3-D printer- Utilizing CAD drawing input the printer makes a 3-D solid model of the design.
Wholesale price- The price the manufacturer charges distributers, vendors and stores for the product. This price is what is used to base the inventors’ royalty percentage payment.
Product launch- date the company plans to have the product on store shelves available to consumers.
Retainer or hold fee- monetary payment made to inventor to allow company to keep your product/idea longer for further evaluation or development without the Inventor sending it to another company.
Invention Submission company- for a fee based payment provides services such as patent searches, prototyping, patent writing, sell sheets and negotiating licensing deals. Research these companies thoroughly for complaints, lawsuits, prior to using them.
Branding- Method used to promote the product to the consumer. A proper branding campaign can be more effective than patenting to protect your protect from knockoffs.
Copycats/knockoffs- product that is built similar to the original and is in direct competition with the original product. It may also be in violation of the original products patent. The term for this violation is called infringement.
Cold calling- contacting a company for the first time to pitch your idea/product and not knowing anyone within the company.
Minimums- Clause in the contract that states whether your product sells X-amount units or not, you still get paid X-amount per year.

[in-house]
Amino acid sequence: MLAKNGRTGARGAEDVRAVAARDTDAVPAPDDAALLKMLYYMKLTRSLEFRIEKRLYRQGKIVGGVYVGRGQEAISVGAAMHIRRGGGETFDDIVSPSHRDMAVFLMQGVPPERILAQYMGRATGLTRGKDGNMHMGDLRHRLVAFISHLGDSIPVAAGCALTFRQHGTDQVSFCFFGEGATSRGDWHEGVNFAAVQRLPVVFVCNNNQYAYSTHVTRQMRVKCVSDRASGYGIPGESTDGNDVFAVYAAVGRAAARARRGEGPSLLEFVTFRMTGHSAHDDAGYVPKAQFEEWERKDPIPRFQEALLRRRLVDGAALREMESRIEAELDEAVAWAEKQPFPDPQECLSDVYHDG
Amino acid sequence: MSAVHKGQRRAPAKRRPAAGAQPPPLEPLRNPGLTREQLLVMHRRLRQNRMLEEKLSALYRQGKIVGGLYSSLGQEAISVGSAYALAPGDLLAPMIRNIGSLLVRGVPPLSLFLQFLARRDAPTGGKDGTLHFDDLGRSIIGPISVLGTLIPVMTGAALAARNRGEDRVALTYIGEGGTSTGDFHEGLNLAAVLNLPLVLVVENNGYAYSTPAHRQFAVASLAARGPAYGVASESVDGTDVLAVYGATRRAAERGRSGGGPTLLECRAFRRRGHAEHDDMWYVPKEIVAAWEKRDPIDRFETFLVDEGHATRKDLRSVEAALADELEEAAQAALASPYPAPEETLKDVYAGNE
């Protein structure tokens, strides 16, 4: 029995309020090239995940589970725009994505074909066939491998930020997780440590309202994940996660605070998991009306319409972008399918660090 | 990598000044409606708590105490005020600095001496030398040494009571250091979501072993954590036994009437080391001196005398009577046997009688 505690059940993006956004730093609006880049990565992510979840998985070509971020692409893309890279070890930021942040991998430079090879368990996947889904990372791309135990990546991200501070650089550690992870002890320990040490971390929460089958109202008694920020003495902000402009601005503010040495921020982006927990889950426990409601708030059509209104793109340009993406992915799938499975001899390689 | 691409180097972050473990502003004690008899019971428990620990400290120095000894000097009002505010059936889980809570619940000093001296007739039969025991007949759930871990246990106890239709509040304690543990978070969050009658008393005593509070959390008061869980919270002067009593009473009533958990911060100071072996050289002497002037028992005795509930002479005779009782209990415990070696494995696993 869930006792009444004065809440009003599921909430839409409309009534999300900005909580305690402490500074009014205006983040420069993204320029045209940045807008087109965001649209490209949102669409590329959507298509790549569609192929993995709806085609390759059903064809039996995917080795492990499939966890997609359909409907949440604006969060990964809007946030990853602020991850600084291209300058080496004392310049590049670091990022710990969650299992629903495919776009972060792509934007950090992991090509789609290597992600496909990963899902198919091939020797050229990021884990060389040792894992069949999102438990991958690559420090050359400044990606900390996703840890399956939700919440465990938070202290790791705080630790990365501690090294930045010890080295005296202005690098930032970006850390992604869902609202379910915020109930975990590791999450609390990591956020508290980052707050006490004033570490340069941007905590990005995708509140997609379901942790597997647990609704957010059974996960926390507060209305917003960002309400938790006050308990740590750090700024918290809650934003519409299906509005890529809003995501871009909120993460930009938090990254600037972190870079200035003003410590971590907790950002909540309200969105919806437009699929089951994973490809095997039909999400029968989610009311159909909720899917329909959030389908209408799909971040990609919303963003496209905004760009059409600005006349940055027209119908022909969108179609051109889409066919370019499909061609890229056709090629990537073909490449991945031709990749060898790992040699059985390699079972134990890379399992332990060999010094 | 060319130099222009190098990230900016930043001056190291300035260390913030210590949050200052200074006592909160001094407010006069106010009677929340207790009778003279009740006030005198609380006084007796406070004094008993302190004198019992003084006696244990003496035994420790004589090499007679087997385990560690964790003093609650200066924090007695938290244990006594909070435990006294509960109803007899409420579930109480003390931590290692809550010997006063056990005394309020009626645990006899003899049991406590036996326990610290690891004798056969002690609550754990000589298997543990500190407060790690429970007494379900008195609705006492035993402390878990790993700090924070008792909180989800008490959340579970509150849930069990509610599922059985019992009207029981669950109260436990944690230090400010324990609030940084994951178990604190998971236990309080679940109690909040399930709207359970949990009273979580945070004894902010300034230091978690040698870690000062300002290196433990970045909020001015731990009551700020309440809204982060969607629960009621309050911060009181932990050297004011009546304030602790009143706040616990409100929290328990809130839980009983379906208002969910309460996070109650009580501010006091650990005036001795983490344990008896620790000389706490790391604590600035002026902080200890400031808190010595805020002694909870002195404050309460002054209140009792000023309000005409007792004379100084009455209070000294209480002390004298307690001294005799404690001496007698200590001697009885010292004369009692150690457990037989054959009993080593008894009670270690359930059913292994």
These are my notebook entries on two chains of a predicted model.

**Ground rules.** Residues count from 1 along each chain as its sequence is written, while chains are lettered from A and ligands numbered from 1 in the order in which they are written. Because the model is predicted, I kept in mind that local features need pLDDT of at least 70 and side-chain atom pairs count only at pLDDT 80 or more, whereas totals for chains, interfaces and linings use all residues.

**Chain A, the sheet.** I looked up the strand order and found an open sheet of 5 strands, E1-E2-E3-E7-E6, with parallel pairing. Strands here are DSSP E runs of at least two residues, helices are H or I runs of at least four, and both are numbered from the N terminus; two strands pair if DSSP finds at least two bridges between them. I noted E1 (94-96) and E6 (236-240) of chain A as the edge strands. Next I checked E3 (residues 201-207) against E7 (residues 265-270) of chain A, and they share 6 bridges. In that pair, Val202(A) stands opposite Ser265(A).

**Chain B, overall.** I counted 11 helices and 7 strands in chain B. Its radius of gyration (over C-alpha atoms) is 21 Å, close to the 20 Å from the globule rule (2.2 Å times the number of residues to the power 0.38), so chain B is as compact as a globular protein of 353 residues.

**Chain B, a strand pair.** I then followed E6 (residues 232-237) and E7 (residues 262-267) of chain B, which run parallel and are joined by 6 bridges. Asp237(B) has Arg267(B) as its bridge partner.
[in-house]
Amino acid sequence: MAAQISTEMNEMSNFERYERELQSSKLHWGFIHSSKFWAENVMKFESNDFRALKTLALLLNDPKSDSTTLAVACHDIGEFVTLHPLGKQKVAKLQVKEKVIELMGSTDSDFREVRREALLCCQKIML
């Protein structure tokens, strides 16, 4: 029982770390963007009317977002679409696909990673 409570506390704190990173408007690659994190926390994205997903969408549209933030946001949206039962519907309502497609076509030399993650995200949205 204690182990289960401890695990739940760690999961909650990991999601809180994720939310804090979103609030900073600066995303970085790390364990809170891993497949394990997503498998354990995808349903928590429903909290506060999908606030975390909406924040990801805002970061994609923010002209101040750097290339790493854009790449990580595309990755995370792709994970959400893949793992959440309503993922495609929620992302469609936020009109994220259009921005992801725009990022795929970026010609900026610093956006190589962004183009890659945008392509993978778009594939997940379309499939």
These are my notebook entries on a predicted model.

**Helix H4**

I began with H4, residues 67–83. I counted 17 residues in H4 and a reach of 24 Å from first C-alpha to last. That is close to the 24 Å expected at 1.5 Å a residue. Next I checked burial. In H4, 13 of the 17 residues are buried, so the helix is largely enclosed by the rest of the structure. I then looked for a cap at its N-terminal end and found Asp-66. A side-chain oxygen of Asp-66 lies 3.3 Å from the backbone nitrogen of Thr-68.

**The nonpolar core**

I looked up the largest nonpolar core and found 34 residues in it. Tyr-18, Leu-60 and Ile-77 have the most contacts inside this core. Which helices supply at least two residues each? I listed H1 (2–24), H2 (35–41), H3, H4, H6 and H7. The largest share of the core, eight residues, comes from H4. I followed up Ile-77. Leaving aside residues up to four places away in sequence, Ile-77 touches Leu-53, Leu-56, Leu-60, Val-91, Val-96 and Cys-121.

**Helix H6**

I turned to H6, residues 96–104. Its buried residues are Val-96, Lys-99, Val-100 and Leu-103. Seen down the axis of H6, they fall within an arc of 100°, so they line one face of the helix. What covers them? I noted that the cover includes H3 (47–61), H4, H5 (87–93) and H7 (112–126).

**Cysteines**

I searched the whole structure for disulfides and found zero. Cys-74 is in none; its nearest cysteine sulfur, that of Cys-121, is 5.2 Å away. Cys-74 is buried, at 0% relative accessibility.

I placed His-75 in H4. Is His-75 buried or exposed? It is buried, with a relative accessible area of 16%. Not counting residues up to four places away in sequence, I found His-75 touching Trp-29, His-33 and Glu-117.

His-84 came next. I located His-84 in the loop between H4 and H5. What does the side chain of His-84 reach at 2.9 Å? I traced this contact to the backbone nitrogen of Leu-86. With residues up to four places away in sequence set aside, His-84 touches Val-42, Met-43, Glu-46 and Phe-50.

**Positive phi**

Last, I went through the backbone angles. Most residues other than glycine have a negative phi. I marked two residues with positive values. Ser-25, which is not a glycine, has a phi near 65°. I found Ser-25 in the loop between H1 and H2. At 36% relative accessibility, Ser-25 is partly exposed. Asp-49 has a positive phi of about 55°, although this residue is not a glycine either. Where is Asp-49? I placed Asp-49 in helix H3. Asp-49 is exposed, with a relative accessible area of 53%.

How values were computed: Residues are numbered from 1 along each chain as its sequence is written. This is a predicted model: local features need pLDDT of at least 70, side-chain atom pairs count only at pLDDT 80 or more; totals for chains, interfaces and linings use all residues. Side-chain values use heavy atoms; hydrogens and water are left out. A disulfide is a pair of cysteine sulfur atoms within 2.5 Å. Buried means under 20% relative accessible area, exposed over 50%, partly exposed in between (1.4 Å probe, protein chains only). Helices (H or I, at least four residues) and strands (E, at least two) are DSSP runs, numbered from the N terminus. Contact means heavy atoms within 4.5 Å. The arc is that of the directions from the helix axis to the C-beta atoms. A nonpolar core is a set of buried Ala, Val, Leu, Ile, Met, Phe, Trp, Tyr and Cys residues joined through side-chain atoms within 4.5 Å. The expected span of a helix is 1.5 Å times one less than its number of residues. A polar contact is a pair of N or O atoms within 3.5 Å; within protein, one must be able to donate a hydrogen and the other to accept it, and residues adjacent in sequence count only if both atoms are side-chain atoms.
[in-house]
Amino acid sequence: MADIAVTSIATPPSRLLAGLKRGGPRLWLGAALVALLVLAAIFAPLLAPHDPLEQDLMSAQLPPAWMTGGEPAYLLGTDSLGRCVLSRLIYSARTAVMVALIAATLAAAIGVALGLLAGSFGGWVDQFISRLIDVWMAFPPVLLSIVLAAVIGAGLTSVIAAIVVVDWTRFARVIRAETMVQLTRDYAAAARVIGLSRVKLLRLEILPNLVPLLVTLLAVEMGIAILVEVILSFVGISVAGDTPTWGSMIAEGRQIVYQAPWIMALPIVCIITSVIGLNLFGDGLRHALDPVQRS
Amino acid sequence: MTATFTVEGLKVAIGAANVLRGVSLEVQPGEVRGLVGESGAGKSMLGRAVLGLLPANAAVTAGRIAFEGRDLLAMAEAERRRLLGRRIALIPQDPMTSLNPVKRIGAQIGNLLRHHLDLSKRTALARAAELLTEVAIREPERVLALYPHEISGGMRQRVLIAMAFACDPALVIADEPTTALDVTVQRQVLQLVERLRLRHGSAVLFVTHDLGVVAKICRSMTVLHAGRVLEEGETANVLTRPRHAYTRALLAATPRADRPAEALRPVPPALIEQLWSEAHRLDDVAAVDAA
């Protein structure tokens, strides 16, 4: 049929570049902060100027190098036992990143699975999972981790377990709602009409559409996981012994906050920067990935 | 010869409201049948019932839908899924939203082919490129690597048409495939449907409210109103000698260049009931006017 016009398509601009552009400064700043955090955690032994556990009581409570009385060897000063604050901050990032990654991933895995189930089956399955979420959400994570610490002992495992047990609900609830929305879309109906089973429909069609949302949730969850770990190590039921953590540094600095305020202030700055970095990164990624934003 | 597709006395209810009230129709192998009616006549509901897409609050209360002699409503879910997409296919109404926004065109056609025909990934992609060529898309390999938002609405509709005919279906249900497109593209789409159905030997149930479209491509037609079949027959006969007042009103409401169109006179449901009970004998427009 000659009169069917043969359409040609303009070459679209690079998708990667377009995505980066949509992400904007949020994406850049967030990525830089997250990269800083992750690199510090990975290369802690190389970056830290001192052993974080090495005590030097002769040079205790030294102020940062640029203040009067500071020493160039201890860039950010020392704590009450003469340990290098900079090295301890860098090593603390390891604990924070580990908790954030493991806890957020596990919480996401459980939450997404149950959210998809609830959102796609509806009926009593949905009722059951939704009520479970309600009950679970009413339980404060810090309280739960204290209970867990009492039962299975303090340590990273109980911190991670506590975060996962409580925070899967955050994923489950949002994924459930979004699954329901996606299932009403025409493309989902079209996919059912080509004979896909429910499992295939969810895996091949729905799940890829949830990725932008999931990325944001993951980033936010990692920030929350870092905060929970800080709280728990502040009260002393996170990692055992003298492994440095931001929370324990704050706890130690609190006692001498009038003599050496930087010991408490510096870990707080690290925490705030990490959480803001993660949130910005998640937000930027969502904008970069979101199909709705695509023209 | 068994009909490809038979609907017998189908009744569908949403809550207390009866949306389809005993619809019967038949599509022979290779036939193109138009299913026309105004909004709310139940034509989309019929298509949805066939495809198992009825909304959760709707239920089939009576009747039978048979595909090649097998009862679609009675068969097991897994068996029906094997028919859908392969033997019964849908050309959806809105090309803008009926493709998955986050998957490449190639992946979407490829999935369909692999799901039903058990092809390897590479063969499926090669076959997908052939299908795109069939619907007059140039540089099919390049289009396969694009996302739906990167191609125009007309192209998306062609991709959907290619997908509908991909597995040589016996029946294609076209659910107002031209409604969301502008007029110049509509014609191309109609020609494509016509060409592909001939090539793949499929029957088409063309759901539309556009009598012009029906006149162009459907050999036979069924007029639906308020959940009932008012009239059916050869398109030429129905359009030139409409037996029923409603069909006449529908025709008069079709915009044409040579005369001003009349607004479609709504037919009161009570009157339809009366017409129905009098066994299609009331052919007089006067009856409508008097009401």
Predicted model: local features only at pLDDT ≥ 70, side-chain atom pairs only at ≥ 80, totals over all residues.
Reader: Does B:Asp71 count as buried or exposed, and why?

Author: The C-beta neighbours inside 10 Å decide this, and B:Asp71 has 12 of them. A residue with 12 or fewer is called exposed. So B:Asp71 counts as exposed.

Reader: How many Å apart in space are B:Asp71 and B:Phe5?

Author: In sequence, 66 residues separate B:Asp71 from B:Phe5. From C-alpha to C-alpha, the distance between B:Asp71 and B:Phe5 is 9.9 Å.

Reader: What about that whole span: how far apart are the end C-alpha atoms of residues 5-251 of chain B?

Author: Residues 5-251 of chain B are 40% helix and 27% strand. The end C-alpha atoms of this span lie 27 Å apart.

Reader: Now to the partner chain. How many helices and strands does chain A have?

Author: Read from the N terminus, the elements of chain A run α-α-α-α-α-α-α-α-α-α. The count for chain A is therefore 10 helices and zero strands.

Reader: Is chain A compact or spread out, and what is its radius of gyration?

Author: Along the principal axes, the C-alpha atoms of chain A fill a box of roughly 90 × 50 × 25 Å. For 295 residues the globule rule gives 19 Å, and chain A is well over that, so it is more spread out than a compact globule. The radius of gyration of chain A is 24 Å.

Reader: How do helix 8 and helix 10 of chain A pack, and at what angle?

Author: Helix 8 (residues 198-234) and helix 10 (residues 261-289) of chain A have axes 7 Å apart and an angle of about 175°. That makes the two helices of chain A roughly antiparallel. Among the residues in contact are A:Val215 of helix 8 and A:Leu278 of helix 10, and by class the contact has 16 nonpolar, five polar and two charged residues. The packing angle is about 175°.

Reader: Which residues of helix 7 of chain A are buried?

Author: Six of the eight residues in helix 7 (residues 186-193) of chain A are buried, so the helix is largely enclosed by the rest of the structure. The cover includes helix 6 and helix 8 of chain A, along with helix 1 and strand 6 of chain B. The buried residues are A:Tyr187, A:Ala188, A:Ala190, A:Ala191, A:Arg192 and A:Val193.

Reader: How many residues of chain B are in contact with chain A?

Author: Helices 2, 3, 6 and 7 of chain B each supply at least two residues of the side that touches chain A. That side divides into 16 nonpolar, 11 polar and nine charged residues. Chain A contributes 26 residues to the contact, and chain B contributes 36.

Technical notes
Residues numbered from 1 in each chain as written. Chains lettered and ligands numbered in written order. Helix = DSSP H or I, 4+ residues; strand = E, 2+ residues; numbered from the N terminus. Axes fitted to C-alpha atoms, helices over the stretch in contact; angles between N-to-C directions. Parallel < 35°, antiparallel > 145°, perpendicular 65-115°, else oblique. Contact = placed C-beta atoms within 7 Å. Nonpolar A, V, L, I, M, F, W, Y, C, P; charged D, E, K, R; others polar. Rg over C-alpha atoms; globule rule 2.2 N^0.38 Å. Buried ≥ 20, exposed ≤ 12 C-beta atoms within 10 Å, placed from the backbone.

Kill fee- amount you are paid for services rendered if the deal/contract is cancelled.
Wish list- some companies will send out a list specifying the areas they want to see new ideas .
ROI- Return on investment- This is what investors look at before putting in any money. What will the return in profits to them be versus how much they have to put in? This is where they decide what the risk factor is.
Work For Hire- Normally a fee paid for services rendered where the person providing the service has no legal ownership of the finished product. Example- you have a prototype made by a company. They performed the work but you own the finished product. If you sell a million of them they do not get any further compensation than the fee you paid for the original service of having the prototype made.
Product Development - normally consists of a business, a division of a company or companies that work on all or a single branch of the process that has dealings with design, innovation/creation and marketing of new products.
Product Search – Can be a company that holds an innovation search for a sponsor/company looking for innovation in a particular area.
It can also be the process of doing a search to see if a product already exists within the market place.
What the market will bare- the top price the consumer will pay before they decide it is too costly for what they are wanting/needing. Example music CDs could sell at $8 and still make a profit but they know consumers are willing to pay $12 and up for their favorite music group.
Perceived value- What a consumer sees as value that prompts them to buy one product over the other.
MOQ – Stands for Minimum Order Quantity. The minimum amount of product you have to order to get the product and the company selling to you to make a profit.
Market Share - The percentage share a company has of total sales within a given market.
Deliverables- Something specified to be accomplished or met in a contract.
FOB- Can be used as Free on Board or Freight on Board. It generally refers to which party the seller or the buyer pays for shipment and loading costs.